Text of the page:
I’ve got to know how you nabbed Brooke Candy and Dog, in particular. What's the story on casting each of them?
Marc-Edouard: I met Brooke when I was shooting a photo story for Grazia France about LA’s emerging underground. We thought she would be amazing in the video because she embodies a similar mix of street edge and high fashion as Angel. They’re both incredibly creative girls that are shaking up the rap world.
David: The video actually doesn’t feature Dog the Bounty Hunter, but K-Nine, “Dog The Impersonator,” who is equally amazing in real life.
Fair enough. Once you had the basic treatment down, how did your stylists enter the picture? How did they pull the looks for the shoot?
Marc-Edouard: In the song’s chorus Angel boasts about starting all the latest trends so the video had to live up to her sass! David dated Kimberley Gordon, the designer for Wildfox Couture, for several years and we’re friends with a lot of young designers in LA. We’re always pulling from them and trying to show our support for their creativity.
I met one of the stars of our video, Robynthebank, on a music video shoot and saw on her Instagram that she was always styled in the coolest looks by Palma Wright. I loved Palma’s brand Mamadoux, so I hit her up out of the blue and asked if she’d be interested in styling the video. Angel’s stylist in London, Julia Brenard, shipped us amazing clothes but we also needed someone here in LA to oversee the global look of the video. It was a great combo because Julia sent Angel super-next-level high fashion threads with a street vibe, and Palma complimented her looks with pieces and accessories from some of our favorite LA designers like UNIF Clothing and Skingraft. Palma then created the looks for the rest of the cast.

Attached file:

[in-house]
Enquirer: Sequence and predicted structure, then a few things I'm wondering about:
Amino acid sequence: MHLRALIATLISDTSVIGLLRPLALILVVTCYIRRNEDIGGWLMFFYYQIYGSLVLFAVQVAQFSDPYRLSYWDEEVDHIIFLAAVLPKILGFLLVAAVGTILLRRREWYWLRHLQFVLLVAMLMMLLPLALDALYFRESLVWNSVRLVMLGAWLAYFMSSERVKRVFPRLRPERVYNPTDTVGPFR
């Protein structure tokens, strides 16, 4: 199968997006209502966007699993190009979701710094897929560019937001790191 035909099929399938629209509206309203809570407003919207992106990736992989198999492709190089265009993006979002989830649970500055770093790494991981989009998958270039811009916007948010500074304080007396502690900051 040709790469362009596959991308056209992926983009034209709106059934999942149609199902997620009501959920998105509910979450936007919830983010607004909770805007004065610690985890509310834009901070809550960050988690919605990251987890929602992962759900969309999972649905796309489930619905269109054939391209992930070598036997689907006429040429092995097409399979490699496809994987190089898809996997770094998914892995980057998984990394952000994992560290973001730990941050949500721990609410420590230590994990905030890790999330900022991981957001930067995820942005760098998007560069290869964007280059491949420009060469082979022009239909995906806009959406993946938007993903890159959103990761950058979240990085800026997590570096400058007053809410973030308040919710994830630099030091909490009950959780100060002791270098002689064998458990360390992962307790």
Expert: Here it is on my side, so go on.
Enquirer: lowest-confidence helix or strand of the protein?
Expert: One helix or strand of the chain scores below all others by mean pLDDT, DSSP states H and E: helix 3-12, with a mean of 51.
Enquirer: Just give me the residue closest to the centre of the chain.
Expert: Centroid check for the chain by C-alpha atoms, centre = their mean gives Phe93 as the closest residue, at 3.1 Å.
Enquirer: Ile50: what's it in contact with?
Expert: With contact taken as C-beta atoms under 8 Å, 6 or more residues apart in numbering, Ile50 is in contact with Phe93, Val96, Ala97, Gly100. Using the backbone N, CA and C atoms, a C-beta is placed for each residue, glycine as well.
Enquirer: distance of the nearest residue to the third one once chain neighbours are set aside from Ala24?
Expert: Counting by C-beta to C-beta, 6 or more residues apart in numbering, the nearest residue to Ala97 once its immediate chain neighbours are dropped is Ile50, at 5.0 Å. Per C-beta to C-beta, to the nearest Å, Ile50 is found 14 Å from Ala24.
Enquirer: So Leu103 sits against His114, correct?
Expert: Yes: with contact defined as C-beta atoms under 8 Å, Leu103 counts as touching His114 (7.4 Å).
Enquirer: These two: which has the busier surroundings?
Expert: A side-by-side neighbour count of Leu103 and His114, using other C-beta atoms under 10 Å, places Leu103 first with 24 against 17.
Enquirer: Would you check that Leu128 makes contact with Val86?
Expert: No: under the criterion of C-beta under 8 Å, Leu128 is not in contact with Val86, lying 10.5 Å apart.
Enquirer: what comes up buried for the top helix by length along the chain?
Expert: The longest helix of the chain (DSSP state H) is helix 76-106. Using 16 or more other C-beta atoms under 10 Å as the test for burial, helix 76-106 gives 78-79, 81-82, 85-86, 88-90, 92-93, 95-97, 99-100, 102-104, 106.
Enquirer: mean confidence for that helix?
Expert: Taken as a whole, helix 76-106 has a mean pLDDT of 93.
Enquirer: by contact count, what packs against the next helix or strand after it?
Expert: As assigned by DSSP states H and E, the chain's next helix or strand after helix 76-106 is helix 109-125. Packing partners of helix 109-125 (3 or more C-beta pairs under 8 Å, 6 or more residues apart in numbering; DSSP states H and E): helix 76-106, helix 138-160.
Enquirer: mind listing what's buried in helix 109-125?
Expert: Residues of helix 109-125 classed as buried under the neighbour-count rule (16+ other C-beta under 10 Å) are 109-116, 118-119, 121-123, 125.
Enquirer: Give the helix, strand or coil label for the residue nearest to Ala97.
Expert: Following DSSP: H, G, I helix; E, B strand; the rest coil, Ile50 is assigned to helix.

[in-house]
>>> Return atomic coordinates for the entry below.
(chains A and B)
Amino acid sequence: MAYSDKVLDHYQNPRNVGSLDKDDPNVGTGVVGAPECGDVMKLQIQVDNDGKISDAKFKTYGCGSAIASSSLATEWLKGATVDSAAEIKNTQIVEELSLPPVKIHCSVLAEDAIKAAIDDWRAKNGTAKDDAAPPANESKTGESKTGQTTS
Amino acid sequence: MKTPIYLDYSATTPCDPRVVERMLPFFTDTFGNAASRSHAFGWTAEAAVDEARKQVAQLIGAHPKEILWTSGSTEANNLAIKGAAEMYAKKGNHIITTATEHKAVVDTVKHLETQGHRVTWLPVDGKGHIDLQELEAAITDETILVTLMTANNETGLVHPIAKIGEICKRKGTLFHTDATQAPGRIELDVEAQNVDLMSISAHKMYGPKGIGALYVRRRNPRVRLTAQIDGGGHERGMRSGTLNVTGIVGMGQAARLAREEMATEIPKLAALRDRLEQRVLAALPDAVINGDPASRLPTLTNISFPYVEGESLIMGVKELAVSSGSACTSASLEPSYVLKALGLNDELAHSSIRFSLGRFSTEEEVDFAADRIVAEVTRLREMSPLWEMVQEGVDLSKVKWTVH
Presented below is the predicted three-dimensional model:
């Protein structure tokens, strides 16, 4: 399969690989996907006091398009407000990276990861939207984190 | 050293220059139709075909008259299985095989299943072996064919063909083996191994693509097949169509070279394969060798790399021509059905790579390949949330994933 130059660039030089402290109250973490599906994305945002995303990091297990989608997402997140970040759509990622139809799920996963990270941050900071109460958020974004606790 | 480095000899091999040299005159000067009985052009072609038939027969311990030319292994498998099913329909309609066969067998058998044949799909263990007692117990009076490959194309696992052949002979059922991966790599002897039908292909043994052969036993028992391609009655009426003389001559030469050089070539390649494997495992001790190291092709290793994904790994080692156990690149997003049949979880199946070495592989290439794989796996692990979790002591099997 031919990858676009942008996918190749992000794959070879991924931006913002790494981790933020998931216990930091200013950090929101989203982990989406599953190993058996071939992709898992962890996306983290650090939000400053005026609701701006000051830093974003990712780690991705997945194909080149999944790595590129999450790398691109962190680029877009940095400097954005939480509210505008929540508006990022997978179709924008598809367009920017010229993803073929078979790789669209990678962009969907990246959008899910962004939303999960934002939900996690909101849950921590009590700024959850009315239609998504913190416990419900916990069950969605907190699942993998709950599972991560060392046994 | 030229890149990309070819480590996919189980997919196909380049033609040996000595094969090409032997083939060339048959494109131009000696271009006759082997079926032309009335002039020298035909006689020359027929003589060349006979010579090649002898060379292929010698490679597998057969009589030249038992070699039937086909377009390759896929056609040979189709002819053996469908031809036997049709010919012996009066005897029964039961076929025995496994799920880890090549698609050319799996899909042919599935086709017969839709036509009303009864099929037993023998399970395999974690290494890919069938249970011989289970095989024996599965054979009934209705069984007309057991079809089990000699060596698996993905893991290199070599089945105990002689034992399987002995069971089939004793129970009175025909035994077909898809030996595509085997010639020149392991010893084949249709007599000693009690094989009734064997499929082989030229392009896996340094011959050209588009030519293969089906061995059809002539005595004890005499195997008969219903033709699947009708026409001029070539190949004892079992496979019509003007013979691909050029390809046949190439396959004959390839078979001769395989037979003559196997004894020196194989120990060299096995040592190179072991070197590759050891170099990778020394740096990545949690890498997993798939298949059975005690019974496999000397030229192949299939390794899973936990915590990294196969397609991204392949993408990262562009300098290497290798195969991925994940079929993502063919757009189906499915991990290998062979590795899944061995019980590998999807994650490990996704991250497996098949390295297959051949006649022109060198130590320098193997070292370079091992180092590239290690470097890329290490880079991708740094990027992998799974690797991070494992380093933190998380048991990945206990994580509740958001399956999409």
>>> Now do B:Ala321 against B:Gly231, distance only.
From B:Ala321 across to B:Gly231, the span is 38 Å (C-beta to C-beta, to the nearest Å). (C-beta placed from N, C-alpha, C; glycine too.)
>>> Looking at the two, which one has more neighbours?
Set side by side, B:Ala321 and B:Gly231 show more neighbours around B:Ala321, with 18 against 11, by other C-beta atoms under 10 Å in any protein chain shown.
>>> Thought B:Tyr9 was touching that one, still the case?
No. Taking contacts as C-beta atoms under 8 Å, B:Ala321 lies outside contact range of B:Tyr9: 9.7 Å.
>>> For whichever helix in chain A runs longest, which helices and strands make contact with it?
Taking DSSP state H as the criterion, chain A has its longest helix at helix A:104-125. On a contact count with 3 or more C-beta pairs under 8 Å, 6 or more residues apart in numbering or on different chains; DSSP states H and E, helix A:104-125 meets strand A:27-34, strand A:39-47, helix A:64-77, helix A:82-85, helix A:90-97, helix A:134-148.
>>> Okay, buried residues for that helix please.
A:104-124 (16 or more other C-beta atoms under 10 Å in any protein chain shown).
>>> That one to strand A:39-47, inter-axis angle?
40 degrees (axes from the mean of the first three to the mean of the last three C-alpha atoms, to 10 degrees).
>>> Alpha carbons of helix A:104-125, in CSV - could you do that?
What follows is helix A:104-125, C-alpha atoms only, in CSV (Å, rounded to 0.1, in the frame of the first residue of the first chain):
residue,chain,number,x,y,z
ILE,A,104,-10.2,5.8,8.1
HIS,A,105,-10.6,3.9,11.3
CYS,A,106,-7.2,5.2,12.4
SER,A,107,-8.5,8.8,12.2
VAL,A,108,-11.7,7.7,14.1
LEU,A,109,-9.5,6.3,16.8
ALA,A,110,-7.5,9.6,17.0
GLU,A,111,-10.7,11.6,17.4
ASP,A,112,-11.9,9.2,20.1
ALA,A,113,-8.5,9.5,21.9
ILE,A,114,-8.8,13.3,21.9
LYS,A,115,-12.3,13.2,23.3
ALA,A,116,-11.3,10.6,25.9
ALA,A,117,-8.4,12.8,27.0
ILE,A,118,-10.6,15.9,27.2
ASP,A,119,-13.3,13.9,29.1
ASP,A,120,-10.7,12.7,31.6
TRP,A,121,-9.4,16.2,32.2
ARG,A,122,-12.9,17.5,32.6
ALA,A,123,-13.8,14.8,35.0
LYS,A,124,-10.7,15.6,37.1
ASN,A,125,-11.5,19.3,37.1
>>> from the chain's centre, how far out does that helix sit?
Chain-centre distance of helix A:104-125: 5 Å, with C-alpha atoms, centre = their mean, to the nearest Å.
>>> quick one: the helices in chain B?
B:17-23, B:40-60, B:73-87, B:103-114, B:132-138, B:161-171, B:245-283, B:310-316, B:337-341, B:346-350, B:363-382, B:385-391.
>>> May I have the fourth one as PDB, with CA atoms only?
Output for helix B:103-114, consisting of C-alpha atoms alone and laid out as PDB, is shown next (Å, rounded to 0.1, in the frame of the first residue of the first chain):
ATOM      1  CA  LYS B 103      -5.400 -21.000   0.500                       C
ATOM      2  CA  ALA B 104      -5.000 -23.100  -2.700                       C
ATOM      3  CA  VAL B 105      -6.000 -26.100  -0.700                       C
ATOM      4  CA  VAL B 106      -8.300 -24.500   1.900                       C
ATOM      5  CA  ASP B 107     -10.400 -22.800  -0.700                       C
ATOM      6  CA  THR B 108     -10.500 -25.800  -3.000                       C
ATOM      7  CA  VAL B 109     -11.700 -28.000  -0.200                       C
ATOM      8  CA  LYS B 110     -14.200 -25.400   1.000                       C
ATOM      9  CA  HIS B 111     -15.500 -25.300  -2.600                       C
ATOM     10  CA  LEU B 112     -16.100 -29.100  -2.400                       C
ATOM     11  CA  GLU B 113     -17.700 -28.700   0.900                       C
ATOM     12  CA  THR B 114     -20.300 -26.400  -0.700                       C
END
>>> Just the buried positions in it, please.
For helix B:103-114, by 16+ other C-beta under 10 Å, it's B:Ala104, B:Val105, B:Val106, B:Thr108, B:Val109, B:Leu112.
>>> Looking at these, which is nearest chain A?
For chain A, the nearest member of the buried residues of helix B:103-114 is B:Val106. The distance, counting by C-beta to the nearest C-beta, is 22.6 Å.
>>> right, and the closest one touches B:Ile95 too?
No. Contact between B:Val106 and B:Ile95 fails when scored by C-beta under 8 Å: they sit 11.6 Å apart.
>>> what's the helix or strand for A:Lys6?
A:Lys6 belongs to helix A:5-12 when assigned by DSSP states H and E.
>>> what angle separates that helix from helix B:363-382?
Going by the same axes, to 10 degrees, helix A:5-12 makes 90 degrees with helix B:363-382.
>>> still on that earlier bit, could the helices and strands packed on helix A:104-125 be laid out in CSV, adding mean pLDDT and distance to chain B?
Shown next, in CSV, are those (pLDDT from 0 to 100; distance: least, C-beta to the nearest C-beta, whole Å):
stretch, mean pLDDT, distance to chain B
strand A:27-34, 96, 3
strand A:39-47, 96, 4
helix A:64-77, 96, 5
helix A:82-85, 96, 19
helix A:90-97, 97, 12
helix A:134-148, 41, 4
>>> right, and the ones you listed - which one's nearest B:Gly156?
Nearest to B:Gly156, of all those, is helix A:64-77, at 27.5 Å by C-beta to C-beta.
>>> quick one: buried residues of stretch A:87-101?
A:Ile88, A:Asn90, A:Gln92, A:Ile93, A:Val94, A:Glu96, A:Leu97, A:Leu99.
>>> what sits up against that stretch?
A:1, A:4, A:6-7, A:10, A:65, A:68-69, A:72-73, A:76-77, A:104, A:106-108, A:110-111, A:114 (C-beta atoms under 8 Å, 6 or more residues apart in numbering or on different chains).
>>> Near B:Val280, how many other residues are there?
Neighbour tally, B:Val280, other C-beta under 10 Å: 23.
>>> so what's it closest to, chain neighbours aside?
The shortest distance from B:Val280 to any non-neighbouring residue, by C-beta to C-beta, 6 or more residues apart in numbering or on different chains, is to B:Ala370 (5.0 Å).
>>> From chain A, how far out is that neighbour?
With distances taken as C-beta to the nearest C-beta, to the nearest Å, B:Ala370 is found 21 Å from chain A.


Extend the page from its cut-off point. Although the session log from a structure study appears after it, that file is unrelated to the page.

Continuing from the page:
David: This shoot was great because Angel’s team was 100% behind her and we were even getting calls saying, “Don’t change her! She needs to be herself!” We hate anything that looks like it was pulled straight from the racks. For us, clothes build character and they need to look like they actually belong to the heroes we portray.
Could you give us a couple of anecdotes from the shoot itself?
David: Everything happened super-fast. We’re extremely specific, down to the smallest detail. From the outside it probably looked like a circus, but actually everything was very under control.
One of the thugs came to set in a low-rider on hydraulics and had told us his main skill was “choking bitches,” so we were a little concerned about that, but he turned out to be a sweetheart. The video was shot in one day in Highland Park, which was his hood, and a few of his homies were cheering him from the street. We worked with the most amazing cast and crew.
Also it’s not hard to keep everyone’s energy going when you have two of the greatest stunt guys you’ve ever seen doing tricks on bikes and quads. The noise was deafening so we had to blast the music in order for Angel to sing on sync but it was spectacular to watch.
Marc-Edouard: I think this video had the quickest turnaround from inception to release that I’ve ever experienced. We were shooting it a week after getting the track and it was released the week after. Just that alone is an amazing feeling because of how fast your imagination turns into reality. It’s like you’re creating a perfect little capsule of what your aesthetic was at a given time and place.
Let’s go back in time for a minute, then. How did you end up making the Bollywood-style, Natalie Portman-featuring video for Devendra Banhart?
Marc-Edouard: I had the chance to meet Devendra while writing an article about LA’s revival of folk and mysticism. David and I both do photography and I also write for magazines so we often become friends with artists outside our video work. I showed Devendra one of our videos and he really liked it. He hit us up a few days later asking if we’d be interested in directing his next promo.
David: We were working as a trio at the time, with our good friend Dori Oskowitz who’s an awesome director. We read the song’s lyrics, which are like a fabulous fairytale, and the concept of the video almost came to us immediately: we had this totally weird obsession with a popular Indian show from the 80s that was based on the Ramayana and we thought it would be amazing to pay homage to it. [Watch it here]